Google’s wacky internet balloons — designed to bring online services to remote parts of the world — aren’t falling out of the sky all the time any more. In fact, they’re starting to look like a legitimate business. Yesterday, the Verge published a big report on how Project Loon, a scheme from the adventurous and often secretive Google X laboratory, is getting closer to reality.
Project Loon could be a $US10 billion (£6.5 billion) per-year enterprise, the Verge writes. The balloons are an alternative to cell towers and other infrastructure that telecommunication companies would normally have to build to provide internet to remote segments of the planet. According to the report, Google will partner will different telecoms services, such as Vodafone in New Zealand and Telefonica in Latin America, to beam internet to places that don’t have it yet.
Google believes that its “floating cell towers in the sky” could be one of the company’s most lucrative branches. Even bigger than YouTube, which currently brings in about $US4 billion (£2.6 billion) in revenue per year.
Here’s a look behind the scenes:
This is the Google X lab where ideas are conjured up by some of the cleverest people in the world.
The balloons are tested in a big warehouse-type building. They’re pretty big:
They really are just (high-tech) balloons that inflate:
Although Google’s project has now taken a far more serious turn, those working on it still look like they have fun:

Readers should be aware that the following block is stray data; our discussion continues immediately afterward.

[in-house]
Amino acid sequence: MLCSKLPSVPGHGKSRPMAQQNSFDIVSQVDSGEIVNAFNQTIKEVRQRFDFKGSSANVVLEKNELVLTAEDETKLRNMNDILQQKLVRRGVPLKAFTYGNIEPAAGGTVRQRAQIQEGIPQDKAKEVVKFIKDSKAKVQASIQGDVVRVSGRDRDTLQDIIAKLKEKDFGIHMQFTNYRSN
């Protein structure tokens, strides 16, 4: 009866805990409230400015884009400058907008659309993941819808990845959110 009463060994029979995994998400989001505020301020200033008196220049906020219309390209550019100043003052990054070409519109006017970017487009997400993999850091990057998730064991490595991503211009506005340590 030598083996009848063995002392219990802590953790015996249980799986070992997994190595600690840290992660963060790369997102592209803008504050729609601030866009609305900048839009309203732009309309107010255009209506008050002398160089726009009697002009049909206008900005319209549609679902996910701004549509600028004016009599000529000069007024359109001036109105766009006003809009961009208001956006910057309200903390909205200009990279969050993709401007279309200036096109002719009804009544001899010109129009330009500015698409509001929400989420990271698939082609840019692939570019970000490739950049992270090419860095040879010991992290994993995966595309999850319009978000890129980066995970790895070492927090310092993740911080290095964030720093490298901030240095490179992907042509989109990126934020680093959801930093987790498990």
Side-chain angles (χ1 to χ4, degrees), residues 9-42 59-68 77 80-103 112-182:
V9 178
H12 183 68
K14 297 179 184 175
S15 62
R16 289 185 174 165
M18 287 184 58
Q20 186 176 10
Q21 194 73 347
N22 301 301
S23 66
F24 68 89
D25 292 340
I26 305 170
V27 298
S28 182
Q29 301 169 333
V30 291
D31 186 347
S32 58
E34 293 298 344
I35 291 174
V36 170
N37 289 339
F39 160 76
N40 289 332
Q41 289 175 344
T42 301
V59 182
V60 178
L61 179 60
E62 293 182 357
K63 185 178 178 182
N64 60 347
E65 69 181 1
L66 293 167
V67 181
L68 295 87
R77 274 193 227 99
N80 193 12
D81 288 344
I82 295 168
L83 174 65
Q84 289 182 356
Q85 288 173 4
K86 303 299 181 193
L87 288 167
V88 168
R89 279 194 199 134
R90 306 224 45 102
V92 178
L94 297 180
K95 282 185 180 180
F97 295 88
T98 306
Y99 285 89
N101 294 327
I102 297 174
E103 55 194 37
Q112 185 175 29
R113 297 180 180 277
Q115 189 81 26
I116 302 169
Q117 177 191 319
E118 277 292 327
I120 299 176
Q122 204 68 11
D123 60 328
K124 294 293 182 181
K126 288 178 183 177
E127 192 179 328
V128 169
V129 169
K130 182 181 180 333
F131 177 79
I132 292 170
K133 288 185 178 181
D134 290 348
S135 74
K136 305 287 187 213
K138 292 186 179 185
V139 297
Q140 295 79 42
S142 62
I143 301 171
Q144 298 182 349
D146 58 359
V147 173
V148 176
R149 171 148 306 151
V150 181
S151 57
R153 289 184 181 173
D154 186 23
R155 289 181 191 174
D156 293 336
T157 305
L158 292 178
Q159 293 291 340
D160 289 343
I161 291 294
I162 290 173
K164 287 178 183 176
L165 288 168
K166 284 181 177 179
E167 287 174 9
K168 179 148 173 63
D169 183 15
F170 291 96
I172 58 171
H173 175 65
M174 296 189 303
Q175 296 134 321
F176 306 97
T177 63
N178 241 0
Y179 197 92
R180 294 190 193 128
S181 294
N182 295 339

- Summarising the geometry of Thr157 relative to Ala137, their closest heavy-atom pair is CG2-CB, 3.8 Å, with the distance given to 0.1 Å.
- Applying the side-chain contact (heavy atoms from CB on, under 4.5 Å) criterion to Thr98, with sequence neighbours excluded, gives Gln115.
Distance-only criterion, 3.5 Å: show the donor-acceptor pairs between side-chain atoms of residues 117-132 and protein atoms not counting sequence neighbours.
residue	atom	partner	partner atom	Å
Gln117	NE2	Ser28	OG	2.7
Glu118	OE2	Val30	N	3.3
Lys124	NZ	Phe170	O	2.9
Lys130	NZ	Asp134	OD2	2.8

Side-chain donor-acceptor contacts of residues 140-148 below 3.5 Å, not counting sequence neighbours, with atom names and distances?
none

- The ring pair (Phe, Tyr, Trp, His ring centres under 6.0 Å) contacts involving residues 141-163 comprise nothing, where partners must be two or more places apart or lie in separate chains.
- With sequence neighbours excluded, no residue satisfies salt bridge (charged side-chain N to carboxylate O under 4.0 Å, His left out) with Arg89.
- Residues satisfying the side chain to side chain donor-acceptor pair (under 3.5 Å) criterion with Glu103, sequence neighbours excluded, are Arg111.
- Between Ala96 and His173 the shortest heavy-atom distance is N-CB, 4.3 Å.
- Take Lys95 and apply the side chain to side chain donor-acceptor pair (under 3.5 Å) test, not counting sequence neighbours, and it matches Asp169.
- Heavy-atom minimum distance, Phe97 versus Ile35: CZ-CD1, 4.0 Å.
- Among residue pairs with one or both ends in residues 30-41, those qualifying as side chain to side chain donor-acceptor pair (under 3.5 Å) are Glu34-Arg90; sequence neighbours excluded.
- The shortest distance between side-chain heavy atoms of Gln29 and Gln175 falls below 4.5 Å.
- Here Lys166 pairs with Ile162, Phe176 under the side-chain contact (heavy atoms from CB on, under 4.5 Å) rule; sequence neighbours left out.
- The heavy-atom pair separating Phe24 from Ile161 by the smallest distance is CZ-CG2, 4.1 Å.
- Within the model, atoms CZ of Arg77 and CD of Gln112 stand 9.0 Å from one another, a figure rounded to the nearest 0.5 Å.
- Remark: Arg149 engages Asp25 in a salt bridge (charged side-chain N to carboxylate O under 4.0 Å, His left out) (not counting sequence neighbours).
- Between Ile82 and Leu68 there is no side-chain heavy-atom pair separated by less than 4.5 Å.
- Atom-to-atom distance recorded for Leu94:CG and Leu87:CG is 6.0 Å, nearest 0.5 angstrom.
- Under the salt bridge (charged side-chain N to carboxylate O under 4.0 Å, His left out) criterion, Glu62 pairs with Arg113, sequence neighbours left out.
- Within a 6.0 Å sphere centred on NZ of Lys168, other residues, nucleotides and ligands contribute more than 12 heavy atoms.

Google’s balloons can now stay in the sky for up to six months. Google has run tests with telecos such as Vodafone in New Zealand and Telefonica in South America — it beams LTE services through transmitters at the base of the balloons. Here’s a nice diagram to give all this some colour:
And here’s another one showing the “all weather balloon” and it’s internet router below:
The balloons have been airborne for some time, but only in experimental development. The Verge indicates that they may soon be a marketable, revenue-creating model. Project Loon lead Mike Cassidy says they are 4.5 billion people without internet access. He says to provide the internet to 5% of that figure, or 250 million, would be “good business.” He mentioned they would pay $US5 a piece.
Putting people in the outer most reaches of the planet, like this weird desert landscape below, online:
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